The March 2012 verdict did not rule on the artifacts’ authenticity, but instead that the prosecution failed to prove beyond a reasonable doubt that they are forgeries. The Jehoash Tablet is a 15-line inscription on a black stone plaque, the text of which parallels a similar Biblical description of repairs to Solomon’s Temple in the 9th century B.C.E. The authenticity of the tablet is still heavily debated; what is certain is that if the tablet is authentic, it is “enormously important—for the history of the Biblical text, for understanding the development of the Hebrew language, for Hebrew epigraphy, etc., to say nothing of the fact that it would also be the only known example of a royal Israelite (actually Judahite) inscription.” *In his post Verdict: Not Guilty, BAR Editor Hershel Shanks reviews evidence for the tablet’s authenticity:
“The plaque had a deep crack running through four lines of the inscription. After the police confiscated the plaque, it (accidentally) broke in two along the crack. The crack could then be seen from the side. Part of the crack had ancient patina in it, proving that the crack was ancient. Would a forger choose to work with a stone that had a crack in it, where a slip of his engraving tool might break the stone in two, ruining all his careful work? Hardly. But even if he decided to take the chance, how did he manage to engrave four lines across the ancient crack? In addition, the patina on the inscription contains minute globules of gold. Was the plaque once plated with gold? These gold globules are so small (one or two millionths of a meter) that they are not available on the market. They can be created, however, in an intense fire such as might have occurred in the conflagration that accompanied the destruction of the Temple—the First Temple in the 6th century B.C.E. or the Second Temple in 70 C.E. All this is explained in a peer-reviewed journal, the Journal of Archaeological Science, authored by five experts from Israel and the United States who defend the authenticity of the inscription.”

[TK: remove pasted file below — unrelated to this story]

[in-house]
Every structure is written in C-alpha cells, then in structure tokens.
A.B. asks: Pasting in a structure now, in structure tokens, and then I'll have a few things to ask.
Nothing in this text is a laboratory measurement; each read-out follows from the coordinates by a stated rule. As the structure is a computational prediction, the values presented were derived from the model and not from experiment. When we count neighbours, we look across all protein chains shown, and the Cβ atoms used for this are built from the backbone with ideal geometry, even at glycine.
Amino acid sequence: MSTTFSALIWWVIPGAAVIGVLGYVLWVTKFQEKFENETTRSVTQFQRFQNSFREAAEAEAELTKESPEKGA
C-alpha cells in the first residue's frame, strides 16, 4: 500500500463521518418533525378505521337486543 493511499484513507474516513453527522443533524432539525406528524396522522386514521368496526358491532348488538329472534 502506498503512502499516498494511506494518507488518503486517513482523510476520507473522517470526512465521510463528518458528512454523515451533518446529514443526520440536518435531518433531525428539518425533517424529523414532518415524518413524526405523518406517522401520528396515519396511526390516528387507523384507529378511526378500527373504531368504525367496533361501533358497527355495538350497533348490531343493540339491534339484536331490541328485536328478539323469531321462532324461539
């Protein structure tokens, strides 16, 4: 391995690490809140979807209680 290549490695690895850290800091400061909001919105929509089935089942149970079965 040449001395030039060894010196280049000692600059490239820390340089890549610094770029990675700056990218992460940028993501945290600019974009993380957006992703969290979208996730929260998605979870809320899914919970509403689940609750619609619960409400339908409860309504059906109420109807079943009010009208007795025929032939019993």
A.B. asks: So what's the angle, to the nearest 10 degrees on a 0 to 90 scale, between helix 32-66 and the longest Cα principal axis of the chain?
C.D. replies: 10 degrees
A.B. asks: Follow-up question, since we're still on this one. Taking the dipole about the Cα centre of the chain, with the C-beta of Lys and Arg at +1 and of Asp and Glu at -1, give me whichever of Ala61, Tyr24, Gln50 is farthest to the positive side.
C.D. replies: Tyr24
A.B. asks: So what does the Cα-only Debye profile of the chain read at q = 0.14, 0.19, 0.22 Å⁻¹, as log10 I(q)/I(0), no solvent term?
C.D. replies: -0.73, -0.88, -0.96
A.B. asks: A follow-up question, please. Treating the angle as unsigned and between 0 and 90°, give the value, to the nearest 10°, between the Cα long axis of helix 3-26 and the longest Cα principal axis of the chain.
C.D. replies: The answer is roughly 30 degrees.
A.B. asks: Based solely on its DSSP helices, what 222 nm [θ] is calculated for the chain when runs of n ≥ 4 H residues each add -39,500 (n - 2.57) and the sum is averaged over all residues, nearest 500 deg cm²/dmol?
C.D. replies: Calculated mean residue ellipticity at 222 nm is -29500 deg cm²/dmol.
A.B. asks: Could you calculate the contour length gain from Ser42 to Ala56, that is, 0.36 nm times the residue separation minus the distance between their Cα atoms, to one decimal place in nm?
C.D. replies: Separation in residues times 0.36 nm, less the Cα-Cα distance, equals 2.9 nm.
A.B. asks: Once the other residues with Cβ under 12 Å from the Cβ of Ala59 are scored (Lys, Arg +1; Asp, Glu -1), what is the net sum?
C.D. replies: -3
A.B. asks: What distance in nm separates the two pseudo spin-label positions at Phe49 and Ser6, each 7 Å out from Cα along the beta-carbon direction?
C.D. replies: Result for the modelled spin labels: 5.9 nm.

The debate on the authenticity of the Jehoash Inscription and other artifacts labeled forgeries will no doubt continue for years to come. After being labeled a forgery and then an antiquity by the IAA, the Jehoash Tablet will now be returned to collector Oded Golan—if the IAA does not initiate another proceeding to continue to withhold it from Golan.
* Hershel Shanks, “First Person: Authentic or Forged? What to Do When Experts Disagree.” Biblical Archaeology Review, Nov/Dec 2012
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